I’ve been in a funk.

It was a cold, snowy week (though, beautiful!), and my mood matched it.

How many weeks can a person write about feeling off center, unsettled and in a funk?  But, there you have it, y’all.  Sometimes those are days in a life.

But then, in the middle of all that, magic arrives.

You know how when you are in a funk, people seem more rude and insensitive and impolite?  Well, I’ve been just on this side of cranky (okay, who am I kidding? I have been fully entrenched in the cranky zone), and every interaction has seemed heightened, so the obnoxious things (and people) have been irritating at a whole other level.

This is when you need to take care of yourself, treat yourself well and plug up the emotional holes so your beautiful and brilliant life force does not escape.

So, I took myself on a date.

My Saturday evening was spent at Shuko, a relatively new restaurant near Union Square in New York City.  I got to know the team when they were at Neta, which I’ve written about on this blog.  Whenever I see them, it’s always a bit like coming home.  Only with better food.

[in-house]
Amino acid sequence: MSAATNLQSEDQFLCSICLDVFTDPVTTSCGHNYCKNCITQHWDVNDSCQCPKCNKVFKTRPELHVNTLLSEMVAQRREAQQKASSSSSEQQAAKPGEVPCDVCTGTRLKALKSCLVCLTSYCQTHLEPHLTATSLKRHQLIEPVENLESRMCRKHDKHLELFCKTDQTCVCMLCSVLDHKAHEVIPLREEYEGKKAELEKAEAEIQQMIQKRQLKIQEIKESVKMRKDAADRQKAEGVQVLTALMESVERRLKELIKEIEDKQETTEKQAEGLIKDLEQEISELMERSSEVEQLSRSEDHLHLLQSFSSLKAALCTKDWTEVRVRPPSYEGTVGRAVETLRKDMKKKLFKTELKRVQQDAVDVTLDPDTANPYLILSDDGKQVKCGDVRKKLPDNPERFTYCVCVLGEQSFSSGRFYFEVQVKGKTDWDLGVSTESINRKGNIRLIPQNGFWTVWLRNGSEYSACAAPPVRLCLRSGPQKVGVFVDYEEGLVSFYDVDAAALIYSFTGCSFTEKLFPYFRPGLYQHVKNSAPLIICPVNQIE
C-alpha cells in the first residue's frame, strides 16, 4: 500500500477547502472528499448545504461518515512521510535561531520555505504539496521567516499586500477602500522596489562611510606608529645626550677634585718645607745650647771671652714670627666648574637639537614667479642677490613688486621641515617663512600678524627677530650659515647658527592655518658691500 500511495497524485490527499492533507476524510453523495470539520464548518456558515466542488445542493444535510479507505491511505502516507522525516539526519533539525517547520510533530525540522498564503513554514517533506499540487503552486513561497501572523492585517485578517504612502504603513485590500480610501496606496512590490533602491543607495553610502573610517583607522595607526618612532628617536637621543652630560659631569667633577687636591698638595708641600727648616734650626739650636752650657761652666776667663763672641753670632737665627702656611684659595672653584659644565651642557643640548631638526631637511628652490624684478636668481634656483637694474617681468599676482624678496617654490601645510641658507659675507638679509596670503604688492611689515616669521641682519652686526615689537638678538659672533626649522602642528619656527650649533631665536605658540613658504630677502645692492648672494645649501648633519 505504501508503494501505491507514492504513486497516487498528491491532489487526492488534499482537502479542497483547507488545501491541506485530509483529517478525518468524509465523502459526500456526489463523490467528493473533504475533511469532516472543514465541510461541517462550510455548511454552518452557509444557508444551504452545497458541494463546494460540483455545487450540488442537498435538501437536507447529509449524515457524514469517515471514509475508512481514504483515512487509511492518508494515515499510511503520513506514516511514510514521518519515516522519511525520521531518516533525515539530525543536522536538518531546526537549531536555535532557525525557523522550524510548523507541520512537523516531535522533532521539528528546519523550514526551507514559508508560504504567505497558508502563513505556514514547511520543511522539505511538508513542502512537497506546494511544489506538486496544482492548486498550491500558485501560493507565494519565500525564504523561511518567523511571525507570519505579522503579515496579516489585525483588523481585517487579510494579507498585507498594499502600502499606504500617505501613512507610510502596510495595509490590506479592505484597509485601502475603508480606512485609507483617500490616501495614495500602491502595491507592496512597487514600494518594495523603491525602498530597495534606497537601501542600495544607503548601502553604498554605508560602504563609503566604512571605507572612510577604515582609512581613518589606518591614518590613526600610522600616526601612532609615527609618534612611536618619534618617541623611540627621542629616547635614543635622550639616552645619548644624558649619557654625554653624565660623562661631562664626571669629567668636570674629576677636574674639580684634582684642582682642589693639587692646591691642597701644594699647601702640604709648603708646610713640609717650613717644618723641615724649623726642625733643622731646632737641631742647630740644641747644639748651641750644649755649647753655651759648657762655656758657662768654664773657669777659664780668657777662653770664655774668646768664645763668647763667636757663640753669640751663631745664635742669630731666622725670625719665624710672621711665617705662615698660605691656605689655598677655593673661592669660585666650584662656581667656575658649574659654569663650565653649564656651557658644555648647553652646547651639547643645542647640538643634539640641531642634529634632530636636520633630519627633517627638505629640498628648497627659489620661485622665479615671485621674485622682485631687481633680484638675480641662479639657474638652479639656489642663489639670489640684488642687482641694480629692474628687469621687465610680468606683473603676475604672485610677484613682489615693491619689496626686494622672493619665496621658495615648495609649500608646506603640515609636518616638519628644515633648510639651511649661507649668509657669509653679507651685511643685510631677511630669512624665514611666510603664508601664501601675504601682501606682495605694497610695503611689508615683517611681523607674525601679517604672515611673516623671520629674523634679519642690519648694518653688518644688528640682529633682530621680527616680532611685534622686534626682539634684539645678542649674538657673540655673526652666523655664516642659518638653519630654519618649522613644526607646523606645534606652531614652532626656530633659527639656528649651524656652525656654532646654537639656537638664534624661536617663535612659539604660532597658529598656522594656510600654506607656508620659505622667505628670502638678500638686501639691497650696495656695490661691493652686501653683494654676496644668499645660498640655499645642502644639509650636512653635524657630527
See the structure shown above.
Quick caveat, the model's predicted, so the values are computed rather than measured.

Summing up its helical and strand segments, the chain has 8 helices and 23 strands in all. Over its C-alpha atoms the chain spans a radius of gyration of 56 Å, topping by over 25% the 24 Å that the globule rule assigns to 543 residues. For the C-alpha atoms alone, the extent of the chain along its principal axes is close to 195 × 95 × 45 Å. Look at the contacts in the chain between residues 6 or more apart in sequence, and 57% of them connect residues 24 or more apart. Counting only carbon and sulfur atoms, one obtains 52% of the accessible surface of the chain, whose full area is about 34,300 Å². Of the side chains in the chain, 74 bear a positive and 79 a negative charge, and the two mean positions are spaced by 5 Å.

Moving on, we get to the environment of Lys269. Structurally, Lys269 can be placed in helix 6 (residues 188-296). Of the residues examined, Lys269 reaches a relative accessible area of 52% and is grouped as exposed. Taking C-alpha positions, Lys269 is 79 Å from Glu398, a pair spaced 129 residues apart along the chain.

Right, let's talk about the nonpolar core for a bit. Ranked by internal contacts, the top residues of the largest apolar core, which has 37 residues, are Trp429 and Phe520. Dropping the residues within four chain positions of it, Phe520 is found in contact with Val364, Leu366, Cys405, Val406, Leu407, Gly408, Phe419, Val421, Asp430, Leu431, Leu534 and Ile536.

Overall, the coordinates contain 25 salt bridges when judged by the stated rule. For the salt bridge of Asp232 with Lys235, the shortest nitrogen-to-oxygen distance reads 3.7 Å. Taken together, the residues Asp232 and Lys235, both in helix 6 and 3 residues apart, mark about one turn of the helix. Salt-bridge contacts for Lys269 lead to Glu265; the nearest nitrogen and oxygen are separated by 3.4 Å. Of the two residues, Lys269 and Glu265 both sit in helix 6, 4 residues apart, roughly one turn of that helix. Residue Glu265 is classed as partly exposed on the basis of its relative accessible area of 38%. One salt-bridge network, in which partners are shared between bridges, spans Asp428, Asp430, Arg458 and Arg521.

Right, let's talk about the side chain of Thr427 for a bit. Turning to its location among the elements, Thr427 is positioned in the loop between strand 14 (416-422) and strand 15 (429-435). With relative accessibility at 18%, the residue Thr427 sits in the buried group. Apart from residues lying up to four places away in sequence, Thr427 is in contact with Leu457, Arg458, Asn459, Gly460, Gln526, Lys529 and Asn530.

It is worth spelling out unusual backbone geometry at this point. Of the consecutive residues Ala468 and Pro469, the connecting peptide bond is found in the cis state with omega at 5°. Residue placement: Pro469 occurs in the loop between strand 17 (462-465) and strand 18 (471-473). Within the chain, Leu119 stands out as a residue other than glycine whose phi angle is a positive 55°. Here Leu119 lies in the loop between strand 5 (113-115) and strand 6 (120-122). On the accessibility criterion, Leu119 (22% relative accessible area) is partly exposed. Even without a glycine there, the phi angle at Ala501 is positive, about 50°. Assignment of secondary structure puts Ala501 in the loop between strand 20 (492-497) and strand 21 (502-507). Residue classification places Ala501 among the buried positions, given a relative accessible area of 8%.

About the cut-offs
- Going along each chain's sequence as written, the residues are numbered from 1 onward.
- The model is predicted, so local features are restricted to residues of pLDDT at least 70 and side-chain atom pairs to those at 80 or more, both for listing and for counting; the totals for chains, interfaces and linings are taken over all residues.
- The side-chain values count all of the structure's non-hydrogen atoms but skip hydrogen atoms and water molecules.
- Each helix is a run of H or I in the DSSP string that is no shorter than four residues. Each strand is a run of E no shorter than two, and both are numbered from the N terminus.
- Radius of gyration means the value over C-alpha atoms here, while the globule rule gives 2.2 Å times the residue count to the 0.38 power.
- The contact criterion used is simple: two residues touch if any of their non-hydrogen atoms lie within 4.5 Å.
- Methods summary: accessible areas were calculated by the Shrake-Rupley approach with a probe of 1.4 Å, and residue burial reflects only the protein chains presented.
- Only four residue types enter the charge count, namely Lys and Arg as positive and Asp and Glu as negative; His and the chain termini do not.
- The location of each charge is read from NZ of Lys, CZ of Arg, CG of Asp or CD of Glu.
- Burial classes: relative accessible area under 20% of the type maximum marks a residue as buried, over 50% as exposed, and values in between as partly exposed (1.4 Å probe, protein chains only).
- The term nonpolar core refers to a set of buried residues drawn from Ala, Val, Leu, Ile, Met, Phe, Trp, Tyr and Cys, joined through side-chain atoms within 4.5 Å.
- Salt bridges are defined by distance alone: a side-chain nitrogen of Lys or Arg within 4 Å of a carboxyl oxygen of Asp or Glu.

When I sat down, Chef Nick said, “How can we get you to come in more often?” It’s like when my parents say they don’t see me as much as they would like.  Home.

As I glanced over the drink menu, Jerrad, the general manager, walked over and poured a glass of what he knew I liked to drink without me ordering it. Sometimes you don’t know what you need until you get it.  Home.

I sat in front of Chef Jimmy, who was meticulously preparing beautiful and artful bites of sushi, reading on my iPad.  He looked over at me and said, “Where are your magazines?”  I usually bring a magazine to read as I eat, to catch up on things I don’t get to read during my crazy weeks.  He is never offended and sometimes amused by it, making fun of me for reading so much.  Home.

Over the years I’ve learned eating out isn’t simply about having a plate of food you didn’t cook.  It can be an experience—and when hospitality at its highest level, you feel cared for and fed beyond your belly.

The food, hardly incidental, became a vehicle for care.  I lost count of how many courses there were, absorbed in each bite.  I started off taking photos of each dish, but I decided the experience was better left to memory.  See this crab salad with chrysanthemum?  Attention must be paid.

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And with that, a glimmer of joy began to find me.

Wherever you find yourself this week, I hope you feel fed in all ways that are possible.

xo, with goodness and grace.

 

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